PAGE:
May 3, 2014 | Posted in TRADITIONAL ART AND PAINTING | By

Helen Allingham was born as Helen Mary Elizabeth Paterson in Swandlicote in Derbyshire as the first of seven children to physician who died when she was in her early teens. By this time Helen’s family already aknowledged and supported her artistic talents. After father’s (and one of sisters’) death the rest of the family moved to Birmingham. At 18 she secured her place in Royal Academy Schools, a prestigious place which was for very long time opened only for male artists.

It was Helen’s aunt Anne Laura Herford, who applied for admission with her works signed only with initials and convinced commission to open the door to all female artists with quality of her paintings (and a lot of determination).¬† Helen Paterson flourished under the guidance of established painters as Frederick Leighton, John Pettie, Fred Walker and especially John Everett Millais, one of the founding members od Pre-Raphaelites. Before she finished her schooling, she knew she could make a living with her art, but the market wasn’t ready for colors.


Helen Allingham – photo portrait by Fradelle & Young, 1903

Helen found a lot of work in London with numerous publishers of cheap magazines, periodicals and illustrated books. It was still time of wood engraving, but also a chance to hone her artistic and business skills. A bit of repayment for both came with The Graphic in 1870, one of the first of its kind: weekly magazine with high quality illustrations. She was a founding member at magazine with refreshing editorial and business policy. They didn’t offer jobs to just anybody in the workplace, but carefully considered which artist is best for every particular assignment according to his or her style . They even offered half of payment in shares what soon proved as one of most profitable investments of the time.

Helen Paterson secured a position with regular illustrating jobs with payments way above the average. Apart from that she also got commissions for books written by Thomas Harding, George Bell and Juliana Horatia Ewing. She left the school, but still visited evening classes where she met and befriended another talented water-colourist Kate Greenaway, and, while constantly expanding her social network, also met her future husband William Allingham, editor and poet who was almost quarter of a century older.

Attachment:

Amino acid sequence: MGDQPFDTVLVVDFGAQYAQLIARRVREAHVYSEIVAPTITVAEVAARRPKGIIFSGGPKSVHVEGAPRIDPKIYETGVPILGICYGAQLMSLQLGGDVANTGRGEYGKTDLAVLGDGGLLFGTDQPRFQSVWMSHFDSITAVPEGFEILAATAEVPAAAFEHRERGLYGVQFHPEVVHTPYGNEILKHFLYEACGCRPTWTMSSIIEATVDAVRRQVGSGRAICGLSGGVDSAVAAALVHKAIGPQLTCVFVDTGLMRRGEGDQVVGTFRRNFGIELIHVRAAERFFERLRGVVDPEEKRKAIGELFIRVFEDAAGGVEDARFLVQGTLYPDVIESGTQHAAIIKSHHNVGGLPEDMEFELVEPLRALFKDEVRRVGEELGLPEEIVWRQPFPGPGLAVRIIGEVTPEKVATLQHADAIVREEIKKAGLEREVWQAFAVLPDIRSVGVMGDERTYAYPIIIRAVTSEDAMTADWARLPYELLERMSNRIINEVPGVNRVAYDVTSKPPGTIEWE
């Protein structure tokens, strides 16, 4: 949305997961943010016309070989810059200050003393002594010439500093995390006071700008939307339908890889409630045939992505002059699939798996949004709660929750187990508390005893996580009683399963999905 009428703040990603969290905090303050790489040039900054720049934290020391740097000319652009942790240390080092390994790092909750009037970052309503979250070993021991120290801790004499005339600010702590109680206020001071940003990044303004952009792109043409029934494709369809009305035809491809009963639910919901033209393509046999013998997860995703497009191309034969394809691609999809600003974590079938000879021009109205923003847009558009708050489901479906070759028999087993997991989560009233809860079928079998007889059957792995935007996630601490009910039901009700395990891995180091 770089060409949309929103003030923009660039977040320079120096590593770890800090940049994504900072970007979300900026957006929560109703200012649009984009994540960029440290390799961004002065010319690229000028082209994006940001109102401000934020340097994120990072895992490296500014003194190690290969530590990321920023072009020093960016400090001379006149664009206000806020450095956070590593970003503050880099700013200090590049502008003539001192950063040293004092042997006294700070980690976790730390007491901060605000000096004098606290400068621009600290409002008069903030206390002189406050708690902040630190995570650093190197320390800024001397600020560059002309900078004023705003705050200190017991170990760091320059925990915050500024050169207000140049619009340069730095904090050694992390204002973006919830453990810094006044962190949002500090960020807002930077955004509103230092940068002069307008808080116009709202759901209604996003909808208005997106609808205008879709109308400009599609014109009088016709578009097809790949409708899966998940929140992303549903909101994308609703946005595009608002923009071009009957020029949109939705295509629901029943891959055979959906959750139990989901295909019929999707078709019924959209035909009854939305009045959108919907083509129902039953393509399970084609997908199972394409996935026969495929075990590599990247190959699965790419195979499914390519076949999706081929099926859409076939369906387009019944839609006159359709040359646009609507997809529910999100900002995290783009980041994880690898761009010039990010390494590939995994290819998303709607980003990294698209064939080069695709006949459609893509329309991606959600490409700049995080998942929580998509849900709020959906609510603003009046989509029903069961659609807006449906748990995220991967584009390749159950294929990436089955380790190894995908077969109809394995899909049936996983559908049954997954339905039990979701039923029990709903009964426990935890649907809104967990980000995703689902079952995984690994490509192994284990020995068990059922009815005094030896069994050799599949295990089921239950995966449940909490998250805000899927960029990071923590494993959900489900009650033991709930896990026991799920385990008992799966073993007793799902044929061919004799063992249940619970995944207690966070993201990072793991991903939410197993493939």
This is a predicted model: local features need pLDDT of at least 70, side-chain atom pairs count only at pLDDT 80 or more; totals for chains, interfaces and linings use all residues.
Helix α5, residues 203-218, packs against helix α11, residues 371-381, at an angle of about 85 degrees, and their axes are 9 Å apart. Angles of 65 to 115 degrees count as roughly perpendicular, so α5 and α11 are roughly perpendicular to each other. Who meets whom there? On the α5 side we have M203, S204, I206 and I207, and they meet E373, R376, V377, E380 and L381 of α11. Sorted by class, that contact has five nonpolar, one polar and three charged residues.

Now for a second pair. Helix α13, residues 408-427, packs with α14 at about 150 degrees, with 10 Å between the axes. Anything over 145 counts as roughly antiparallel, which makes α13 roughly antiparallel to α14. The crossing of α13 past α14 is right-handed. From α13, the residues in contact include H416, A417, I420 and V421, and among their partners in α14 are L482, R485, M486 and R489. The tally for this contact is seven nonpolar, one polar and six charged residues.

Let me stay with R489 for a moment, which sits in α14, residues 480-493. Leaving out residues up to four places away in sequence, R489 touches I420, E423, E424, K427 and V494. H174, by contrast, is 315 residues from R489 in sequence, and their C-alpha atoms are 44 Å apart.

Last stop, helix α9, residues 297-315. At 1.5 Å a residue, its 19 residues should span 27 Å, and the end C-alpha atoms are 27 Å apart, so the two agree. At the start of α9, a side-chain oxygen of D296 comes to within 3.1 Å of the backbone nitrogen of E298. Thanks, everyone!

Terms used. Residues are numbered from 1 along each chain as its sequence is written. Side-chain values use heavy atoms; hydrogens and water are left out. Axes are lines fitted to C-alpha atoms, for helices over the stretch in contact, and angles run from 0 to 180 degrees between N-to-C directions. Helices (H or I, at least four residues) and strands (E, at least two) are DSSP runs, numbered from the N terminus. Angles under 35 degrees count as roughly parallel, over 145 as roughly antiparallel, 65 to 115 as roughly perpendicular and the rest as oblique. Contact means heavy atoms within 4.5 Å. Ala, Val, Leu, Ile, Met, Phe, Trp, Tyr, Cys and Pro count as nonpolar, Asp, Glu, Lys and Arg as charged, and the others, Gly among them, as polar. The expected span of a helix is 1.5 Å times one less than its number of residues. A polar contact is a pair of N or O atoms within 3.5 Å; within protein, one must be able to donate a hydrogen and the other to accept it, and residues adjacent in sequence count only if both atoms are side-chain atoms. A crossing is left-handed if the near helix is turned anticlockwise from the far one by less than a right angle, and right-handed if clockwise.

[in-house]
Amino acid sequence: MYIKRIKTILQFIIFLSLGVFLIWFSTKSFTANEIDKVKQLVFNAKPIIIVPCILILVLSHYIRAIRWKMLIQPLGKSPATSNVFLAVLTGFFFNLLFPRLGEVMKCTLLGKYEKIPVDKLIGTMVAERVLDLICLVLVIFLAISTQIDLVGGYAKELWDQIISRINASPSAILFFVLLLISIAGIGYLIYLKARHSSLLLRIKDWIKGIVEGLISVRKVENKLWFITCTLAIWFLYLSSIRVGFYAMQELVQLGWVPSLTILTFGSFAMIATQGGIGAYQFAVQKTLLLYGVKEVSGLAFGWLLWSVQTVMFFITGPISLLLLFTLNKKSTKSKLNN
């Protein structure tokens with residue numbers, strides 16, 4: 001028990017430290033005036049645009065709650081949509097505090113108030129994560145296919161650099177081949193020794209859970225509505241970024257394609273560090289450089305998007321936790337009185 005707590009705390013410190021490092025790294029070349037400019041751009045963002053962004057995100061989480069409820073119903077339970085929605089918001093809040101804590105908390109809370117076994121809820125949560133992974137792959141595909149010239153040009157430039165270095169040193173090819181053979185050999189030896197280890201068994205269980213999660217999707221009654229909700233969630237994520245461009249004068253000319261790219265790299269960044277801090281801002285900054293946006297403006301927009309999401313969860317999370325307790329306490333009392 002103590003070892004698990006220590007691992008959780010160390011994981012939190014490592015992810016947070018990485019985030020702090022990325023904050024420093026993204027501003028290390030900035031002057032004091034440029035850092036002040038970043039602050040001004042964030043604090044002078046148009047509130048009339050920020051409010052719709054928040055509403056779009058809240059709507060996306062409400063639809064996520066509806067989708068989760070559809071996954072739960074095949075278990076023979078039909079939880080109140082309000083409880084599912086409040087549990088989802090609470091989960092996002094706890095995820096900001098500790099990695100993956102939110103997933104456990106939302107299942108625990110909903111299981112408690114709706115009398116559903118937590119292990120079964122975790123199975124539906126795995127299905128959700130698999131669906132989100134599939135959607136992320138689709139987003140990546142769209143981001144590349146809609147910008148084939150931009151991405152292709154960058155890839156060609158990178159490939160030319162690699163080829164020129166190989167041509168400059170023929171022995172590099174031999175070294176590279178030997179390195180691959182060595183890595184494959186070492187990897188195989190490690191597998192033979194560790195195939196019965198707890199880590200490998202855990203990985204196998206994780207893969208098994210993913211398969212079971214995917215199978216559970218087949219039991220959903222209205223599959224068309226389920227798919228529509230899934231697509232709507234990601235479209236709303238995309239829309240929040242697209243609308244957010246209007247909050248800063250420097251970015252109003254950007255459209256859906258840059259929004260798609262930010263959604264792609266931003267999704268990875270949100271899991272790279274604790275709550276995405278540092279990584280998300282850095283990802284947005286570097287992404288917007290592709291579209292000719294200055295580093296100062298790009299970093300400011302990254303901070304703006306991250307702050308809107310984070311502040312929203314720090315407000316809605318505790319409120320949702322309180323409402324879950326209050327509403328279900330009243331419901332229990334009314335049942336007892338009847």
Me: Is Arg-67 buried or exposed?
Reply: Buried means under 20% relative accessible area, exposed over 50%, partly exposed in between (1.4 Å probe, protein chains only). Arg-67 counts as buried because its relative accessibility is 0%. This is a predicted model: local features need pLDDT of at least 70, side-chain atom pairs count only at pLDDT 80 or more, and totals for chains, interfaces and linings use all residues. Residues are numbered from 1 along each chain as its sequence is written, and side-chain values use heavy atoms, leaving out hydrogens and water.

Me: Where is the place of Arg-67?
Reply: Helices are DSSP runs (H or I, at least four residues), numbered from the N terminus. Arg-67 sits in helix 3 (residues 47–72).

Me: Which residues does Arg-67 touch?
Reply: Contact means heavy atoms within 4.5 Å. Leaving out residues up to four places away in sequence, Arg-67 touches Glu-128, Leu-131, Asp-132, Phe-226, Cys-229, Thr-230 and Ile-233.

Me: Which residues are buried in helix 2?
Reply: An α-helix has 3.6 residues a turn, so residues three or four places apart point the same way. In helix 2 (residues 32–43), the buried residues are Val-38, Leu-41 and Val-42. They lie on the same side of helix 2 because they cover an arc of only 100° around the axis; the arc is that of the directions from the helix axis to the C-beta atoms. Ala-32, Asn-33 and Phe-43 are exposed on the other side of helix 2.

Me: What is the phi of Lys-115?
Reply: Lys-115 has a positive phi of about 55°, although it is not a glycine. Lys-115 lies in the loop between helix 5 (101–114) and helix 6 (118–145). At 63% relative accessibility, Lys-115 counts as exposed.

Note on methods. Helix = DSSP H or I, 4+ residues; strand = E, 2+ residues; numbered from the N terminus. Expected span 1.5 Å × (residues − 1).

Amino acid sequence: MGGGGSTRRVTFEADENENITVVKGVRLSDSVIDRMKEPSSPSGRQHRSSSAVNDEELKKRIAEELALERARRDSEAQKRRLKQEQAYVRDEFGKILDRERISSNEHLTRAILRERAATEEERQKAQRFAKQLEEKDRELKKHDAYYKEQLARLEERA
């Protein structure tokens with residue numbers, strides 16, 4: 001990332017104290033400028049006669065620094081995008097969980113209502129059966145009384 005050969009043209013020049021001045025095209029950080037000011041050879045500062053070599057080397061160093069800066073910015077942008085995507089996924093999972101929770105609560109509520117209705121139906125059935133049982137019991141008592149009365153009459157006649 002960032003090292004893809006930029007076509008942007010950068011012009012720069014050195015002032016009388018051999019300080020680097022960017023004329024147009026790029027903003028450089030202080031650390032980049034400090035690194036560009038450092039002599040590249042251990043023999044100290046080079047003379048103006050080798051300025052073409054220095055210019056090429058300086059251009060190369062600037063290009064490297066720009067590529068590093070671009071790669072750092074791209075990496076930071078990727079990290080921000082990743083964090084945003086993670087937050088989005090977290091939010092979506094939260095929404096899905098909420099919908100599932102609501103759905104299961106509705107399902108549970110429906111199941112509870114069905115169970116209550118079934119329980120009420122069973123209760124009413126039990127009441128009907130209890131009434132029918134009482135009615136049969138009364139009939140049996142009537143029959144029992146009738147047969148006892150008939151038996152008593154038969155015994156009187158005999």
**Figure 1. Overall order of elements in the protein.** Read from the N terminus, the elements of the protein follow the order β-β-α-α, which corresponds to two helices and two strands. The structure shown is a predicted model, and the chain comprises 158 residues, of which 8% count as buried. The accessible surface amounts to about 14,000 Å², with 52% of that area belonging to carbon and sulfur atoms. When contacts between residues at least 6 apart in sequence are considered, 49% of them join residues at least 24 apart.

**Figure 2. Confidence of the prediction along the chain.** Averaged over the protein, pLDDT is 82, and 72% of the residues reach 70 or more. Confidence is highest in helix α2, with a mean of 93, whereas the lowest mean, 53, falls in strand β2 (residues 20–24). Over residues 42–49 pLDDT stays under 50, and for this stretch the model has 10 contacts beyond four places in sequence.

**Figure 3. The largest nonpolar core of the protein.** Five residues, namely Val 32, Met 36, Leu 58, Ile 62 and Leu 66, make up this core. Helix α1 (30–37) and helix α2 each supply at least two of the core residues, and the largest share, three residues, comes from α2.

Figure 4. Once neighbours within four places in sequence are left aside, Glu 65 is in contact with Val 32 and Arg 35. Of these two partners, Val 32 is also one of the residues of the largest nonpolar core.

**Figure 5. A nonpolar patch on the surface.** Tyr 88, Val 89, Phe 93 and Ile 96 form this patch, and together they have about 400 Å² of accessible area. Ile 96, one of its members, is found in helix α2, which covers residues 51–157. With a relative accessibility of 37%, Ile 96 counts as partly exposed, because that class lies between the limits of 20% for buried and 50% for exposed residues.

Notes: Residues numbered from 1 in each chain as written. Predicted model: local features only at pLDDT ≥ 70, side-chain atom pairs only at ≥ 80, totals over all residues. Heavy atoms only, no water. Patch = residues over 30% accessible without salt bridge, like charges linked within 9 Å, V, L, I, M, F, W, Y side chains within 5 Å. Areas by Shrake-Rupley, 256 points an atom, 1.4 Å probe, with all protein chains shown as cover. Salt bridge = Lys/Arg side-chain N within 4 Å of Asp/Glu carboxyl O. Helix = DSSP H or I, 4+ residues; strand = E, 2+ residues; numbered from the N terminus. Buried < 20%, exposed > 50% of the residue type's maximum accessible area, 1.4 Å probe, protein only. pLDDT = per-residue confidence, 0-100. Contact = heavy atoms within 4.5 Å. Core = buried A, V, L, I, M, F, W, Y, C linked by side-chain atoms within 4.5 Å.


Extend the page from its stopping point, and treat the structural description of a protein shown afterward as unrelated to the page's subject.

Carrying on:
He introduced her to some of the leading names in literary circles including John Ruskin, Dante Gabriel Rossetti, Robert Browning, Thomas Carlyle and Lord Tennyson, made several portraits of some and Allinghams even named their first son after Carlyle. Helen finally had a chance to completely abandon black and white drawings and devoted herself to her biggest love, the watercolors.

She made another important switch. Instead of portraits and figures (members of her growing family proved as great models) she started to make more and more landscapes what was considered as a step back in artistic career in those days. Especially her paintings of cottages became very popular and new home in Sandhills offered plenty of opportunities for short trips with astonishing views. William was writing, Helen painting, children growing.

Unfortunately an idyll can’t last forever and this one was no exception. In 1889 William died and Helen Allingham had to earn everything needed to support the family by herself. She worked hard, sold many paintings for pretty good sums of money and became elected member of Royal Society of Watercolor Artists as first woman in history.

She never became rich, or popular as another of her collegues Myles Birket Foster, but managed to provide good living to her and her family, and worked what she liked most – painted to the rest of her life in 1926. Mrs Allingham’s cottages are part of English cultural heritage and no collection of water-colors can not be completed¬† without at least one of her works. They are not only praised for her sense of line, proportion, colors and contrasts, but as important and (what is not necessary a bad thing) very sentimental record of disappearing architecture. You can see more about Helen Allingham’s cottages here.


Helen Allingham was an exceptional artist and important chronicler of her times – in full colors. (All used images are in public domain because their creators died more than 70 years ago.)

1 Comment

  1. Arthur Chappell
    April 2, 2015

    Leave a Reply

    She sounds fascinating, especially her links to Rossetti and the Pre-Raphaelites

Leave a Reply

You may use these HTML tags and attributes: <a href="" title=""> <abbr title=""> <acronym title=""> <b> <blockquote cite=""> <cite> <code> <del datetime=""> <em> <i> <q cite=""> <s> <strike> <strong>